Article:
Lower Mud Lake Spring Migrants

Saturday, Mar. 22: 9 a.m. Rose Lake State Natural Area

Saturday, Mar. 29: 7:30 a.m. Beginning Birding at Picnic Point

Saturday, Mar. 29: 8 a.m.

Spring Birds of Columbia County

Tom and Kathie Brock Curt and Arlys Caslavka Dorothy Haines Arnold Jackson Elsie Lapinski

and families who have included Madison Audubon in their estate planning. Thank you to the following founding members of the Madison Audubon Legacy Society for their philanthropic leadership:

Lu M. Kummerow Marcia MacKenzie Jill* and Jerry Martin Mark Martin and Sue Foote-Martin *Jill Martin passed away in 2009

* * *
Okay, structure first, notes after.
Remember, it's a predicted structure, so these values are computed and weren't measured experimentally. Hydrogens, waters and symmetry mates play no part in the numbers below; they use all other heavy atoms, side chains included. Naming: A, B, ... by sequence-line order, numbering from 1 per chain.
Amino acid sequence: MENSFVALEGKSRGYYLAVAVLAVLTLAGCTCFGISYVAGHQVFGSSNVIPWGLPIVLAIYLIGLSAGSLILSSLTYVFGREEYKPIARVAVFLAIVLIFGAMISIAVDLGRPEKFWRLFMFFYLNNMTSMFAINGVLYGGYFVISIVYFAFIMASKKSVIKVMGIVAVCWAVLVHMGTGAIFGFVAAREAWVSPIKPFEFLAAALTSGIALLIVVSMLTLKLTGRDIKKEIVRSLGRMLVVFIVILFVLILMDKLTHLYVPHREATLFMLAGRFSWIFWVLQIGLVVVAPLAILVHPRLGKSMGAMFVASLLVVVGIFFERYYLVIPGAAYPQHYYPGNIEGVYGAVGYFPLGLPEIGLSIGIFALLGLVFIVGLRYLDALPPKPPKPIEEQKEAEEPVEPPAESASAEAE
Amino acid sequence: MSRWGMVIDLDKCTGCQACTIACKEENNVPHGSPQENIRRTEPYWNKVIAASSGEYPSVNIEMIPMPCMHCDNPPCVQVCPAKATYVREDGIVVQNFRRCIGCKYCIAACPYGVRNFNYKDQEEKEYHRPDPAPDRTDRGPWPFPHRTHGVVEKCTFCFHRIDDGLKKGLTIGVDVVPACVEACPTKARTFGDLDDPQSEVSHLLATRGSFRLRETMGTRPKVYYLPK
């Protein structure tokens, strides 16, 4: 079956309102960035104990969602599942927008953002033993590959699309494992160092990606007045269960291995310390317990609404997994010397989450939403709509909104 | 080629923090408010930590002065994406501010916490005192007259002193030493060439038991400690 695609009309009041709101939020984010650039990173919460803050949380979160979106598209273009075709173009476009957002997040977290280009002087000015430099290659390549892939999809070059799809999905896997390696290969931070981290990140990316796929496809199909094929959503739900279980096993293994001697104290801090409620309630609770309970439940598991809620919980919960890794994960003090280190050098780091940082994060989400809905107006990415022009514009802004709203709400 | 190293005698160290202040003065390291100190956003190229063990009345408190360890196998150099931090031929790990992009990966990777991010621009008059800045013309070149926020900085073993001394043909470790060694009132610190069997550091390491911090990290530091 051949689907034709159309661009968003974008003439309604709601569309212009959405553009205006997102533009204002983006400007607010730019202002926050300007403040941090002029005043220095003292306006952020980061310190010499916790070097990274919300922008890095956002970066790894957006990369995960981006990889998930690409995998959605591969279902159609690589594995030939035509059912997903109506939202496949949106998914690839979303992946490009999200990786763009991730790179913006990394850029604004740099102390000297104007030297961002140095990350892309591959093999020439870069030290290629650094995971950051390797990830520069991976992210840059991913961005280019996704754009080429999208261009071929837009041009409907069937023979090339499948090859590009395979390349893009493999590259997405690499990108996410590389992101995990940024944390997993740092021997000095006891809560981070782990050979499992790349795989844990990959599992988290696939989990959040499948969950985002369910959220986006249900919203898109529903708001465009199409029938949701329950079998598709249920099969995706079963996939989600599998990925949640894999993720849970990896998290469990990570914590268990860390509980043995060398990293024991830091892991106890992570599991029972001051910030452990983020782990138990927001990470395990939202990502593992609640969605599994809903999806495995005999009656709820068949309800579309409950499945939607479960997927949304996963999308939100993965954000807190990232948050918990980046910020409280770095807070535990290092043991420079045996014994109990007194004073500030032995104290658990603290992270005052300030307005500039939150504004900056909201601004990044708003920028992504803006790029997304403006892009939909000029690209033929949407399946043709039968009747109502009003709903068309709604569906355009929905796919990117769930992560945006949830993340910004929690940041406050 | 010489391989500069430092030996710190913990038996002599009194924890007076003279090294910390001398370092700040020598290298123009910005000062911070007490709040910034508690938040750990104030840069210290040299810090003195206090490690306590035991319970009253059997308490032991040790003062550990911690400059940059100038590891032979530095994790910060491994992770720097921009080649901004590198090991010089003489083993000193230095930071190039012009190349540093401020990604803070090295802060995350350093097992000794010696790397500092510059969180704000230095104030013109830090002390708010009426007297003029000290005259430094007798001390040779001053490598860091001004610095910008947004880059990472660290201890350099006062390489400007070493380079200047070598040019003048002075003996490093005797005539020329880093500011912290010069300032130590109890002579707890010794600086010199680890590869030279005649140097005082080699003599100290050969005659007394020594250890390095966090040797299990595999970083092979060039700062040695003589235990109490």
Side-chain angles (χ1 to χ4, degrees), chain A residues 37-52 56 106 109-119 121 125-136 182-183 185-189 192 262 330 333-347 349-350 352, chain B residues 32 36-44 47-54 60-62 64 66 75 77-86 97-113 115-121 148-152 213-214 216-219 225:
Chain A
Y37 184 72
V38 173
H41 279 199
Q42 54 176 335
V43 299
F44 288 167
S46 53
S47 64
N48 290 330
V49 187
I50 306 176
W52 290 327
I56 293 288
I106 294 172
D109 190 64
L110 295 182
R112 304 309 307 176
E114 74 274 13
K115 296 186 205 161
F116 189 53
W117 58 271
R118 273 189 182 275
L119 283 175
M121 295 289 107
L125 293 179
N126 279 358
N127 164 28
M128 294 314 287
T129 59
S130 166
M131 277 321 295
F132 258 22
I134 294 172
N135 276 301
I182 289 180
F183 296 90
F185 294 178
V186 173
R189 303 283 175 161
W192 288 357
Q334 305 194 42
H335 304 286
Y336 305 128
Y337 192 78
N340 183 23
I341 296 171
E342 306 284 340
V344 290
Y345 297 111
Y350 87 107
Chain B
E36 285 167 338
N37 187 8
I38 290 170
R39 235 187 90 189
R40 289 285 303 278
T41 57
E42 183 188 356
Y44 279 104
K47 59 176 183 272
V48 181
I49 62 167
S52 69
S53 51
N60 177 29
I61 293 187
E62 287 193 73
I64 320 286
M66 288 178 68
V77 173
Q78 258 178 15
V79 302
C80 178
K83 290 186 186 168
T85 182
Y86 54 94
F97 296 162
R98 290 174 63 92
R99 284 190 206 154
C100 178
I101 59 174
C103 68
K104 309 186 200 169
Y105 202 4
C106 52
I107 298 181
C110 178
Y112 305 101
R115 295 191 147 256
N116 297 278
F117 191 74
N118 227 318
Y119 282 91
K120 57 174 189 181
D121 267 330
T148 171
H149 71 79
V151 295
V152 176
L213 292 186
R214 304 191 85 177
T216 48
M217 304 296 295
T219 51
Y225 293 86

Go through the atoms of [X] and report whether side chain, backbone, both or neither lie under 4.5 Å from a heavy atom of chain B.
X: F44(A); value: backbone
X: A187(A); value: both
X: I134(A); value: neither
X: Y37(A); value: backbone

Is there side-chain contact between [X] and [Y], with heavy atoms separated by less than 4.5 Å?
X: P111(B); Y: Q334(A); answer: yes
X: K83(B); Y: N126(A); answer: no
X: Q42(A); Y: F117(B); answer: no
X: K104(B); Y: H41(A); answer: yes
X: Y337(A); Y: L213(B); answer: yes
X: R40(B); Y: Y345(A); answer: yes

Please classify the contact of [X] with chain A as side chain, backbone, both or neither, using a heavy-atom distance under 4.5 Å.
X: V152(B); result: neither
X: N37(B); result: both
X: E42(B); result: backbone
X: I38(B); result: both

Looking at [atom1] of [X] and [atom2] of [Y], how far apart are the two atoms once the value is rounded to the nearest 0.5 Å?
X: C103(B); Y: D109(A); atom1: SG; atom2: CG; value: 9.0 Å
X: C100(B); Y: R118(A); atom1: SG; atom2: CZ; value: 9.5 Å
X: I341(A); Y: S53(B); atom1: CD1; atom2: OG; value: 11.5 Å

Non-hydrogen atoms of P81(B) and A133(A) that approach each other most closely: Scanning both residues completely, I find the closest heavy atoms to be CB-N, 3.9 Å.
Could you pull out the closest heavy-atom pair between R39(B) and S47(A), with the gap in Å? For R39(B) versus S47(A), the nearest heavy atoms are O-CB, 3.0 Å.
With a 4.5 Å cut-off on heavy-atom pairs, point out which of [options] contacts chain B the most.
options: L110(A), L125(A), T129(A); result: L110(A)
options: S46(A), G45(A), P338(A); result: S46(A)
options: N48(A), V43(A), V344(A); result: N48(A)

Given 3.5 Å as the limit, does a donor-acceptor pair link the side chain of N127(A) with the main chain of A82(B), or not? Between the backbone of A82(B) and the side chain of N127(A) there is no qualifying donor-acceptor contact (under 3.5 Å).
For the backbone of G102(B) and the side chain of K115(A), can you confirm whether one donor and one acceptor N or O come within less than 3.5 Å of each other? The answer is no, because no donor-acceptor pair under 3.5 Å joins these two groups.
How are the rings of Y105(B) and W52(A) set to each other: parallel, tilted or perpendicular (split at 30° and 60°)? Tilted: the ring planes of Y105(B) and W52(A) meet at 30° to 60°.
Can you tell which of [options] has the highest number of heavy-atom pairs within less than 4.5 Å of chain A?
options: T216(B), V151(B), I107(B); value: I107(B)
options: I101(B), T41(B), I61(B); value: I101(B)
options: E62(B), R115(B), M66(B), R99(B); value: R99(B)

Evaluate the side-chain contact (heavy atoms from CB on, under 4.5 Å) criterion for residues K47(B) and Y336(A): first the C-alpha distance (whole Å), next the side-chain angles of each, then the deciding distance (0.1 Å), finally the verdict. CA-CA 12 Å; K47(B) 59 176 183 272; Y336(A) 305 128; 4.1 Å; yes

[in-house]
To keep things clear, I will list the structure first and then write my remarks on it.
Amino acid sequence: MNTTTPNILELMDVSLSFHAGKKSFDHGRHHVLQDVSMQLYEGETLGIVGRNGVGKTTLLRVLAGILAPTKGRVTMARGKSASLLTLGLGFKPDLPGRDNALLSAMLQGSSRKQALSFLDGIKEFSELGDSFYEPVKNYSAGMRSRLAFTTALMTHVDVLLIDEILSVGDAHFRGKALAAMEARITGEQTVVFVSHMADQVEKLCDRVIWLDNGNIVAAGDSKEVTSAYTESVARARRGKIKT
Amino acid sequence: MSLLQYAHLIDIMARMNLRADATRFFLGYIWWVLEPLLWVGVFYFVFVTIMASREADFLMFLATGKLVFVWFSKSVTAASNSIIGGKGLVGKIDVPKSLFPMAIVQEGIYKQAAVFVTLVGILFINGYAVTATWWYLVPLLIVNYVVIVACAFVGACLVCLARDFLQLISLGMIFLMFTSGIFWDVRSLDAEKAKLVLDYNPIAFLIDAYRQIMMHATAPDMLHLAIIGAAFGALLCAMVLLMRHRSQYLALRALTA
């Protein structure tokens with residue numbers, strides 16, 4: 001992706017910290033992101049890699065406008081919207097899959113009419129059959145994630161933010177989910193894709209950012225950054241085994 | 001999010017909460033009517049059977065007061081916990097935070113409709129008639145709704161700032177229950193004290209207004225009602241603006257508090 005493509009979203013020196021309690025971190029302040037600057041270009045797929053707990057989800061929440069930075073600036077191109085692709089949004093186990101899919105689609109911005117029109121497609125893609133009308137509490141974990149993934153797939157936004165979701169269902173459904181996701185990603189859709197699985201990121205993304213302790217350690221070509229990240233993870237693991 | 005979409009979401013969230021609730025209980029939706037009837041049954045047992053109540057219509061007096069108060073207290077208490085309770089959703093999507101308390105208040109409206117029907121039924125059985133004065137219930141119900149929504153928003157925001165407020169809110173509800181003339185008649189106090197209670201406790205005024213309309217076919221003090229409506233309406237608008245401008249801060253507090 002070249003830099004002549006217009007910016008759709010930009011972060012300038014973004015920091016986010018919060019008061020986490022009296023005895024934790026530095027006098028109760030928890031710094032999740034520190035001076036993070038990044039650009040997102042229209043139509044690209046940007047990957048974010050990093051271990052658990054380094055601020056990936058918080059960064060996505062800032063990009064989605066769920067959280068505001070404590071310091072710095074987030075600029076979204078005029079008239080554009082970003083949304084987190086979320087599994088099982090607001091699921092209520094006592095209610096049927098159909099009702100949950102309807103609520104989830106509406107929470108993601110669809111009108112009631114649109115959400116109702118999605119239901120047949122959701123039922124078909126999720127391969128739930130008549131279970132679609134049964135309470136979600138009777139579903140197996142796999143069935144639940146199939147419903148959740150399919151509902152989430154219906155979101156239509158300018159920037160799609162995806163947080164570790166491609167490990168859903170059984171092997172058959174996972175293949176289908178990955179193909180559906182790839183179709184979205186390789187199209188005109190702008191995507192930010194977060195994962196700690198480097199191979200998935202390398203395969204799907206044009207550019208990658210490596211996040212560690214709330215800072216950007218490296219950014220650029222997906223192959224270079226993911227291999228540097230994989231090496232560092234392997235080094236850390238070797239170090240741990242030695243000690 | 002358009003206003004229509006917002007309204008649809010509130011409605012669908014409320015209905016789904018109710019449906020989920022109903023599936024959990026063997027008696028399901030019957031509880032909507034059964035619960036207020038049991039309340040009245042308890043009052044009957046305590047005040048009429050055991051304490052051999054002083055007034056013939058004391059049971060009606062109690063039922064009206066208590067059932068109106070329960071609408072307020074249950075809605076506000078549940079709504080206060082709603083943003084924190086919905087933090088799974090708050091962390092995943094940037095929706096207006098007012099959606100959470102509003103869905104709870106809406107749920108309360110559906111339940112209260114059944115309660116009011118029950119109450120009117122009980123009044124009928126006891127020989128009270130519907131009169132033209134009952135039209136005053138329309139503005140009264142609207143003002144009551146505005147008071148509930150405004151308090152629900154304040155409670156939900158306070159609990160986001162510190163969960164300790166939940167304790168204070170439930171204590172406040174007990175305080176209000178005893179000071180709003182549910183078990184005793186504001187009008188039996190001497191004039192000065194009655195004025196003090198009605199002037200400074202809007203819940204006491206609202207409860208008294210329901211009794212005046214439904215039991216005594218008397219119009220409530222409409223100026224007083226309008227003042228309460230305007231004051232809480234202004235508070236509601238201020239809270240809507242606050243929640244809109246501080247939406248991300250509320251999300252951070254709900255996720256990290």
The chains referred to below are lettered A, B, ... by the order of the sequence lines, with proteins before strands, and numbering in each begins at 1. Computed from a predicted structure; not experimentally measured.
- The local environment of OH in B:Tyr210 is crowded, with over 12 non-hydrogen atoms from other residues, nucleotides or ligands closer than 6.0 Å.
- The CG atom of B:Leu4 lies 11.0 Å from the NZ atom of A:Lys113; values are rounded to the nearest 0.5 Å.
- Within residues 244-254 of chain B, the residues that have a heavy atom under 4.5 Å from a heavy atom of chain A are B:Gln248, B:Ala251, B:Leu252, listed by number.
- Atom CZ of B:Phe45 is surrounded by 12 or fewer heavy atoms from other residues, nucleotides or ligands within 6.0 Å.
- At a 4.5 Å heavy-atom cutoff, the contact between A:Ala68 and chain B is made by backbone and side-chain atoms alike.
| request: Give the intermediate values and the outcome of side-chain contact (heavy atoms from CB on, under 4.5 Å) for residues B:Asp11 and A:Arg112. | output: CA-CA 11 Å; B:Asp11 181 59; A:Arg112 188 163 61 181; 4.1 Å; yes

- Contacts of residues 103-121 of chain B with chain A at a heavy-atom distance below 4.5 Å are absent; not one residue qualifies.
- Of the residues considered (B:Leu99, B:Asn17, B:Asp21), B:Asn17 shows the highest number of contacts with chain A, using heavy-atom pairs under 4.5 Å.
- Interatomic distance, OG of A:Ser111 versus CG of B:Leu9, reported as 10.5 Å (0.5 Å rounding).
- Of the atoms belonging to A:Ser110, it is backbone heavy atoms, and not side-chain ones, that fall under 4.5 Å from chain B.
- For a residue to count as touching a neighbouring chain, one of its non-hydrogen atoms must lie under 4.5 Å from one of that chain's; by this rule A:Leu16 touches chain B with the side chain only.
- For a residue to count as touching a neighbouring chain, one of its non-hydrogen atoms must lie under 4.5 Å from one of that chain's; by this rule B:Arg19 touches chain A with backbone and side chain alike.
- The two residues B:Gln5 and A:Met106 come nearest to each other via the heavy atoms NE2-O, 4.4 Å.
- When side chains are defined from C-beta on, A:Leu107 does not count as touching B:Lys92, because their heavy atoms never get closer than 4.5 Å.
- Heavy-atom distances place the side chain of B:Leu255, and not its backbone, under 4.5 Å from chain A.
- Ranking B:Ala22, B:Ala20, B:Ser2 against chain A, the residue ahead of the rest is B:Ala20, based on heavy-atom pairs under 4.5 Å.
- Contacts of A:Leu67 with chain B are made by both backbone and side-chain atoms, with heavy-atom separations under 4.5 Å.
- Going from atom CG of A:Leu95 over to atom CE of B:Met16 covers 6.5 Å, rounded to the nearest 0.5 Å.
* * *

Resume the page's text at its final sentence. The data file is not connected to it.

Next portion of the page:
Friday, April 11: 6:30 p.m.

David Musolf Roger Packard Don Schmidt Susan Slapnick Jim Shurts

“It is a good feeling to know that my lifetime efforts will outlive me in the form of a compass plant building soil, making honey via the bees, feeding a goldfinch, giving rest to a monarch and shelter for a field mouse in winter.” —Sue Slapnick

Evening at Cherokee Marsh

Sunday, April 13: 9 a.m.

Spring Birding at Lake Farm Park

Saturday, April 19: 6 a.m. Birding Horicon Marsh

Saturday, April 19, 7:30 a.m.

Beginning Birding at Picnic Point

Wednesday, April 16: 6:30 p.m. Evening at Turville Point

Friday, April 18: 6:30 p.m. Spring Evening at Goose Pond

Thursday, April 24: 6 a.m.

Warbler Walk at Pheasant Branch

Saturday, April 26: 8 a.m.

Baraboo Hills Birds and Wildflowers

Sunday, April 27: 9 a.m.

Ice Age National Scientific Reserve

Tuesday, April 29: 6 a.m.

Warbler Walk at UW Arboretum